J K Rowling’s latest book – her first for adults, The Casual Vacancy, has reportedly been slammed by critics.
I am intrigued at the way books are sometimes attacked by reviewers in papers and magazines. In New Zealand it happens mainly because the field is so small that reviewers are often authors themselves, or in debate with the authors they are reviewing. The anger of those who feel their private territory has been invaded – or that one of their sacred cows has been tipped – is vicious, emotional and usually couched in a veneer of intellectualised justification.
The usual technique pivots on the ‘straw man’ – deliberately defining ‘right’ as something a book was obviously never written to do, then using that construction to ‘prove’ the book is worthless. The techniques are the same every time. Usually the critic will wring unintended meaning out of the title or jacket blurb, then ridicule the content on the basis that it fails to present what the critic insists was promised. Or they will look for questions the author poses in the introduction and deny they were answered. Frequently the vengeful critic will trawl for anything they can twist into an alleged ’error’, authenticated only by their own assertions. Or they will ridicule the sources, thus denying the scholarship of their target author. Sometimes all these techniques are deployed – arguments as hollow as they are specious. But because the review is apparently ‘fair’ assessment – where editors back reviewers’ indignant assertions of ‘professionalism’ - it is difficult for the target to respond.
I find myself targeted by one or two strangers wallowing in this froth of self-righteous hostility virtually every time I publish a book. These people, without exception, have their own competing interests. They never contact me – I learn about them from the newspapers. I am not the only one it happens to, of course. But it’s poor. If someone has a problem with my existence to this extent, I reasonably expect them to have the integrity to approach me first. It’s courteous. It’s ethical. What are they afraid of?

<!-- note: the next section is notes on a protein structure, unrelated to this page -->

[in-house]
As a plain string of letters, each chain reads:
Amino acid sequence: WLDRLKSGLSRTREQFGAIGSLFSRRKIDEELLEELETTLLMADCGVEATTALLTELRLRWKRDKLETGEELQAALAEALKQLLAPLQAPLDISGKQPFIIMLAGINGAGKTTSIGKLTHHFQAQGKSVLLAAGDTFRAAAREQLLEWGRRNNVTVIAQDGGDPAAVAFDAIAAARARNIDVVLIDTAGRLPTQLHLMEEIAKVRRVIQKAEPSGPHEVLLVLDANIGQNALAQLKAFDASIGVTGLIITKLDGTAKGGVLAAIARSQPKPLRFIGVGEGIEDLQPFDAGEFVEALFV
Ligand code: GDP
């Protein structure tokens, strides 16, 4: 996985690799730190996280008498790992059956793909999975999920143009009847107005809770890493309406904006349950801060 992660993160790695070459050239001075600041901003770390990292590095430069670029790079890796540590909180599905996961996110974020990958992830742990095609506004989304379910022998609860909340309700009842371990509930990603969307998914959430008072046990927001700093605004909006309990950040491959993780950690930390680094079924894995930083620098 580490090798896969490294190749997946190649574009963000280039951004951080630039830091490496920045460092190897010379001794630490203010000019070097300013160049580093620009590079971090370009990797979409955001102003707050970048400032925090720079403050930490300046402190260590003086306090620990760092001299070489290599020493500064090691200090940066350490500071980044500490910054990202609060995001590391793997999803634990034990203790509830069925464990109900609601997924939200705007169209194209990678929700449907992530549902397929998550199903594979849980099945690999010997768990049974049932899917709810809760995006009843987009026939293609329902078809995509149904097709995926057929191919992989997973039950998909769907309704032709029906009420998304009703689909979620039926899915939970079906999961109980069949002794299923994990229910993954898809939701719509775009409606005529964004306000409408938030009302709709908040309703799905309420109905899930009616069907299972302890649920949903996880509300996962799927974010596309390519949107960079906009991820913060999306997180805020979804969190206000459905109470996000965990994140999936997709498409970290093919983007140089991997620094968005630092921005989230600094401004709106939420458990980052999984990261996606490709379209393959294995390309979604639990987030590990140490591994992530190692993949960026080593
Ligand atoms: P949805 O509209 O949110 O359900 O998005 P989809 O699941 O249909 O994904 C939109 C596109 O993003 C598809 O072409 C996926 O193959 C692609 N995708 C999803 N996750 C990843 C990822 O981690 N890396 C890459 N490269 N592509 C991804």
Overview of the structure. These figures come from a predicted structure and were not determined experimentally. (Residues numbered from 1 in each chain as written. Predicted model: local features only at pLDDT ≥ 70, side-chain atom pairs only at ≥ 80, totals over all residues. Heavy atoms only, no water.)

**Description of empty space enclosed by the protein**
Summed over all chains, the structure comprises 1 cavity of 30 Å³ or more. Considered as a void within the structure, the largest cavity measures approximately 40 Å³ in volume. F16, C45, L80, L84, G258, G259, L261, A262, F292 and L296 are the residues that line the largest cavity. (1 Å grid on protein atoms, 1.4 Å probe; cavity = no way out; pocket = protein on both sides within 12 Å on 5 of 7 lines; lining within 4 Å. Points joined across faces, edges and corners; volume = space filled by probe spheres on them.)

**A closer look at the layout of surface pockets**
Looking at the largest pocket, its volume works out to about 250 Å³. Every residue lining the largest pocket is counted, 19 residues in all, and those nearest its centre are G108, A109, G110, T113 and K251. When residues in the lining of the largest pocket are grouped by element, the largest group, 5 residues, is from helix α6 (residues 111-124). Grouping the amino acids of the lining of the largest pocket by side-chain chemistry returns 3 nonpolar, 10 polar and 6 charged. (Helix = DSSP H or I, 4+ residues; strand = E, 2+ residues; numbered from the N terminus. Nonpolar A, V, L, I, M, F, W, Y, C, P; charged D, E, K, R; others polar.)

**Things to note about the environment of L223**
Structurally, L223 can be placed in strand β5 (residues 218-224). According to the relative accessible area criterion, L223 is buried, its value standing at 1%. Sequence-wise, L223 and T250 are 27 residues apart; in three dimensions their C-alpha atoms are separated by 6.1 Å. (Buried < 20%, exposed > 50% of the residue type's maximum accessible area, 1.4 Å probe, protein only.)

The real question is why. I suspect the problem stems from a conflation of self-worth with expectations of status in the field of personal interest; in this view, other work – by existing, or by questioning something they believe true - becomes a personal attack that must be avenged. If everybody else is smashed, the victor becomes the only one owning the topic. The fact that this destroys the worth of the field along the way is less crucial, it seems, than exclusive ownership of the crumbs.
It has a lot to do with self-validation. Humanity has an unerring ability to rationalise and intellectualise what are, in fact, selfish emotional needs.
Needless to say, I think there are better ways. Kindness and inclusion always work, particularly in writing where the ‘pie’ grows with its contributors. Everybody has something of their own to add, and should be encouraged and helped to do so. The way to get ahead, in short, is to make that ‘pie’ better all round - to welcome and help everybody. And guess what, you rise with them, and you’ll have trusted friends who support you, just as you support them. Everybody wins.
I also think people have the power to change themselves for the better. If they want to.
What do you think? Have you ever had experiences like this? Do you write reviews yourself – and how do you approach them? I’d love to hear from you.
Copyright © Matthew Wright 2012